On September 16, the next Professional Day will be conducted with Malden Promise, a collaborative of nonprofit organizations. It will be a day of workshops dealing entirely with social and  emotional support for students. During the morning, the workshops will be open to the entire community including the high school staff. Then the afternoon workshops will be geared towards more targeted work with first responders, such as crisis counselors, guidance counselors, paraprofessionals, and nurses. who would see the first impacts of trauma on a student. Lombardi concludes, “It is a priority for me to continue the work that has been done because it can be undone very quickly.”

Another major gain will be Malden High School’s Starr Health Center. Senator Jason Lewis secured the starting funds for the center. The mayor and the school district are very committed to this long term project. Lombardi remarks, “Cambridge Health Alliance has been an amazing  support for us, the Starr Center in particular. To have this open in a formal way and to have a home to treat the issues that need to be treated on a daily basis is tremendous for our school and community.”

office1Another resource can be families. Lombardi continues, “We have an active school council that include parents who are inherently involved. There is a large subset of parents who are involved with different events. For each one of them, there are countless number of parents who need to feel the open door and invitation. There is a general philosophy from some cultures that out of respect, parents believe that they should not interfere with what the school needs to do during the school day. In the states, there is another culture of assimilating the school culture into the family. We can not say just one thing to make everyone feel welcome.” Lombardi smiles, “But, we can be consistently open and offer food.”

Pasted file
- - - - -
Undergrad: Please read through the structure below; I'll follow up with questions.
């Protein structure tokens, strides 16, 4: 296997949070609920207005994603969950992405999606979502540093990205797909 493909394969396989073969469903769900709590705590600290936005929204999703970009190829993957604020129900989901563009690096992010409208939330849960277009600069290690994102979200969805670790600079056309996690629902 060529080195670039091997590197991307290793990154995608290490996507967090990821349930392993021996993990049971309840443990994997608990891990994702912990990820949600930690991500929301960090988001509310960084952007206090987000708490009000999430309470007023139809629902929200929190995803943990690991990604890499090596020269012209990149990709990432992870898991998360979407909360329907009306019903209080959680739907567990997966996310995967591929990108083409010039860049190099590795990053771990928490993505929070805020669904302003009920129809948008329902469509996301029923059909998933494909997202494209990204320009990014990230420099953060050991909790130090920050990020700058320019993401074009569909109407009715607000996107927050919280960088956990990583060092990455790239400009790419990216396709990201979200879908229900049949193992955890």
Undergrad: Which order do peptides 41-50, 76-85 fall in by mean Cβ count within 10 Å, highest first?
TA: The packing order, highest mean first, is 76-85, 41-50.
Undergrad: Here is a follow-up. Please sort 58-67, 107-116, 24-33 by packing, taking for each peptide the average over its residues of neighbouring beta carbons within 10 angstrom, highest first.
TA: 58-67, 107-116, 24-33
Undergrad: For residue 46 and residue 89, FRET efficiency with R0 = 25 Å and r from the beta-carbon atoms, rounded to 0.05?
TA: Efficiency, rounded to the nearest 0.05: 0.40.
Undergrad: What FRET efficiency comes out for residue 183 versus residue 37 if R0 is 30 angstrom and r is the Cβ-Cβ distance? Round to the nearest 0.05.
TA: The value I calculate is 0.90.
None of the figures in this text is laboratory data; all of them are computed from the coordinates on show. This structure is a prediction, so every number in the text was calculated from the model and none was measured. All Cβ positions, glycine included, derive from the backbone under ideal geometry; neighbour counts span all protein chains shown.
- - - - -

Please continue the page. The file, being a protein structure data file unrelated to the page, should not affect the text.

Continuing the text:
Regarding the ballot measure, Question 2, Lombardi reflects, “Politics can get in the way of school systems. All schools want the best for their students. The Malden kids at all the different schools are our kids. They play town sports, they live in our neighborhoods. Kids are kids.  It is dangerous to pit schools against each other and politics can bring that about. I understand the monetary side of this issue and how public school budgets can be decimated by charters. That is really difficult. Perhaps there is a better way monies can be balanced in the future.”

Lombardi continues, “I want our school to be the best it can be and be the best option for all students.   It can hurt a public high school the most by having other options.  Not here, but in other places, the public high school can be perceived as the fall back option. But, Malden High School offers such a unique range of programming, services, theater, arts and extracurricular groups, that a ton of kids make hugely conscious decisions to be here at Malden High School instead of another school.  I think the option here is a great one.  My philosophy is that if there are a bunch of great schools in the area, doing great things, that helps. It drives you do better things. It makes you think out of the box. It makes you think about what can bring kids here.  At the end of the day, it is okay to sit in the office and say, wow, Mystic Valley, that is a good idea, we need to get on the ball and do that!” –Photos by Elizabeth Scorsello

About karenbuckmalden 16 Articles
Karen Buck is a resident of Malden, an environmental activist and a contributing reporter Neighborhood View. Currently, she is the President of the Friends of the Malden River and the environmental advocate for Malden River Works